Throbbing Gristle ‎– Heathen Earth

Label:
The Grey Area ‎– TGCD5, The Grey Area ‎– TGCD 5
Format:
CD, Album, Reissue, Remastered
Country:
Released:
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Tracklist

1 Untitled 4:38
2 Untitled 6:39
3 Untitled 7:17
4 Untitled 7:46
5 Untitled 7:44
6 Untitled 4:56
7 Untitled 7:33
8 Untitled 1:05
9 Adrenalin 3:59
10 Subhuman 2:53

Companies, etc.

Credits

Notes

"...can the world be as sad as it seems?"

This album was recorded on Saturday the 16th of February 1980 between 8.10pm and 9.00pm in front of an invited audience at the studios of Industrial Records Limited.

Tracks 9 & 10 are CD only bonus tracks.
Track 9 originally released on the 7" IR0015.
Track 10 originally released on the 7" IR0013.
Digitally Re-mastered in April 1990.

Catalogue number variations are: TGCD5 on cover and booklet, TGCD 5 on CD.

Barcode and Other Identifiers

  • Barcode: 5 016025 680054
  • Matrix / Runout (Mirrored): TGCD 5 : ·MASTERED· ·BY NIMBUS·

Other Versions (5 of 13) View All

Cat# Artist Title (Format) Label Cat# Country Year
IR 0009 Throbbing Gristle Heathen Earth(LP, Ltd, Blu) Industrial Records IR 0009 UK 1980 Sell This Version
IR0009 Throbbing Gristle Heathen Earth(LP, Album, Gat) Industrial Records IR0009 UK 1980 Sell This Version
8-629 Throbbing Gristle Heathen Earth(CD, Album, Ltd, RE, Unofficial) ArsNova 8-629 Russia 2001 Sell This Version
IRLDDL004 Throbbing Gristle Heathen Earth - The Live Sound Of T.G.(11xFile, MP3, Album, RM, RE, VBR) Industrial Records IRLDDL004 UK 2011
IRLCD004 Throbbing Gristle Heathen Earth - The Live Sound Of T.G.(2xCD, Album, RM) Industrial Records IRLCD004 UK 2011 Sell This Version

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Crijevo

Crijevo

March 5, 2017
edited 16 days ago

The world remains as sad ever since, and this record did put it in a brutal rhetorical question. By far, "Heathen Earth" is a personal favourite collection of theirs - while from audio perspective I am not that fond of TG's live material, "Heathen Earth" is a smart exception of "recording live in the studio", adding interesting new (if entirely improvised on the spot) ideas with those reinterpreted to disinformation as the track list was deliberately obscured for a long time. Only in the era of the Internet, the tracks' titles from this LP finally seem to be revealed. Furthermore, there happen to be slight differences between the album and the video version that is "Recording Heathen Earth", on how certain numbers are re-arranged sound wise - which adds to confusion, suggesting a one-time only occasion, where a number of cult figures gathered in support for this project. The video itself may have documentary value, but altogether is a pretty dull watch (not to mention the sound quality is a total mess), witnessing an interesting moment in history but apart from being there in the flesh, seeing TG improvise and adding occasional gibberish to this conceptual adventure of theirs - unless you're head over heels into everything TG - isn't really that interesting. The album as such is by far of bigger recommendation.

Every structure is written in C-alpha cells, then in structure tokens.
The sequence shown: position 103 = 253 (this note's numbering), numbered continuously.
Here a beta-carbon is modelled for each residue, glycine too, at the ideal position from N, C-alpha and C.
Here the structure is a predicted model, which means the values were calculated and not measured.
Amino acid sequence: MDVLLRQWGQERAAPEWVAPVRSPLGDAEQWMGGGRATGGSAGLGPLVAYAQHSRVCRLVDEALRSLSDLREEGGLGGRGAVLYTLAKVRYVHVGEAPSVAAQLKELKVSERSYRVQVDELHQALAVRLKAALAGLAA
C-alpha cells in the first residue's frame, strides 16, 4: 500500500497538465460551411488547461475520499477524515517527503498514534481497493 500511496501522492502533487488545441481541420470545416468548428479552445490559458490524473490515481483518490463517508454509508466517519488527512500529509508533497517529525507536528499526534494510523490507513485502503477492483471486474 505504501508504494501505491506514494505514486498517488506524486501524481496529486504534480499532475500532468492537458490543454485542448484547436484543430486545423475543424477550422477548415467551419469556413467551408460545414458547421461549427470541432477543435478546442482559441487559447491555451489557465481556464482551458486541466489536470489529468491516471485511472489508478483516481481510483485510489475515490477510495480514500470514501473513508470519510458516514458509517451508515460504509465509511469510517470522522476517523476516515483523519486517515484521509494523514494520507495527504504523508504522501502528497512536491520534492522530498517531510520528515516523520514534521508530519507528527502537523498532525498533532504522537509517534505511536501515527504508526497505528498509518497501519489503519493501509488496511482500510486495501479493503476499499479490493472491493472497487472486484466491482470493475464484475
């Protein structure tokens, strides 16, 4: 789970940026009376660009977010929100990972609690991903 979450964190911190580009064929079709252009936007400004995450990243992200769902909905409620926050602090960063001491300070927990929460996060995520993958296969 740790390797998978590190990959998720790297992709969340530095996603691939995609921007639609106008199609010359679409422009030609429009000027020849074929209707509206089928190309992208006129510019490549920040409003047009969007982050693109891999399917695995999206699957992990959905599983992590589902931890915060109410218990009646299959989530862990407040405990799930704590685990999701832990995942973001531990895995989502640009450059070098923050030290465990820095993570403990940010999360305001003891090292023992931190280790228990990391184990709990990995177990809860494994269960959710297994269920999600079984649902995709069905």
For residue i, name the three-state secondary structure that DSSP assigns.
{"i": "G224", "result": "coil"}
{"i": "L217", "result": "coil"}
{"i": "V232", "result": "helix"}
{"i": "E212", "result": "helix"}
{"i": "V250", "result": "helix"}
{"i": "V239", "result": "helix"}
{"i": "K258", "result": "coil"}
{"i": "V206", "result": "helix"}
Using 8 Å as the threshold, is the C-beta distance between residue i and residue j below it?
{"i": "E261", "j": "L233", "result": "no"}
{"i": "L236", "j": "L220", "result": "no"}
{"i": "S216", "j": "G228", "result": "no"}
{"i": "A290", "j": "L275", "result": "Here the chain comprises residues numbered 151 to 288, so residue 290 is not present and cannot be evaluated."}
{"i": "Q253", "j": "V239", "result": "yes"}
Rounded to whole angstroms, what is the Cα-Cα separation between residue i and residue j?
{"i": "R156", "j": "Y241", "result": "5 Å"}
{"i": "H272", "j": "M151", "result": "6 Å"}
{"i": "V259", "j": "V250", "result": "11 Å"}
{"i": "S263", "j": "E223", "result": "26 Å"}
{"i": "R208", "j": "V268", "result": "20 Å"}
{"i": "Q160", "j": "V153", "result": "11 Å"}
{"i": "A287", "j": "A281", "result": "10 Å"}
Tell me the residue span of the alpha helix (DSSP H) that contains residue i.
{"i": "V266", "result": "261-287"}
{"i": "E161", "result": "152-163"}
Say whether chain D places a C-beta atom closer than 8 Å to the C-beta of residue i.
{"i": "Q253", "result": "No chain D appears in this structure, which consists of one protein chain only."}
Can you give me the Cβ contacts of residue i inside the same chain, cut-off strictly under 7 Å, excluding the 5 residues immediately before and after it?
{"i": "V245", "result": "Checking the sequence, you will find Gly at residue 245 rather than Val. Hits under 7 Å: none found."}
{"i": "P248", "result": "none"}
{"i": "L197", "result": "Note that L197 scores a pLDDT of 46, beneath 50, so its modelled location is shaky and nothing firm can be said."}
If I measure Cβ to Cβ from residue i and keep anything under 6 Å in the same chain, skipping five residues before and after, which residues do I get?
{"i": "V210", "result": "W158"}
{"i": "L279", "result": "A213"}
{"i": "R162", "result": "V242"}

A creepy cornet splicing up opens the album, the introduction suddenly sliding into an all-out aural assault of "The Old Man Smiled", a syndrum/guitar clash of the titans (interesting that there is an earlier, and entirely different live rendition of "The Old Man" to this one; in fact here we hear an interesting (and more complete) variant of "Six Six Sixties", that originally appears on the group's studio album "20 Jazz Funk Greats"). "Improvisation" is also a total stereo deconstruction of what might appear to be a rendition of the group's amazing 20-minute creepy ambient piece "After Cease To Exist". "The World Is a War Film" tackles the ear with a steady, repetitive groove filtered through merciless echo delay, augmented by guitar drone/overdubs and Genesis' deadpan reading. Continuing is a rock solid "Something Came Over Me" in its voxless dub version. "Still Talking" (probably just a pun to the tour-de-force synth beat fest that is "Still Walking") combines spoken parts drenched in echo delay, along with "Bass", cutting off at its tail end with the brilliant "Don't Do As You're Told, Do As You Think" - a repetitive techno overdrive, light years ahead of its time. "Painless Childbirth" concludes the session on an "optimistic note", suggesting "Heathen Earth" a form of "positive therapy".

The CD edition of the album adds two extras, the incredibly catchy "Adrenalin" (originally the accompaniment to "Distant Dreams") and in stark contrast, the shrieking closer - "Subhuman" (originally from the "Something Came Over Me" 7").

Still enjoyable for the sheer perversity of it - leaving the listener to his own devices, absorbed by the nightmarish concept that remains a truly unique TG's doing.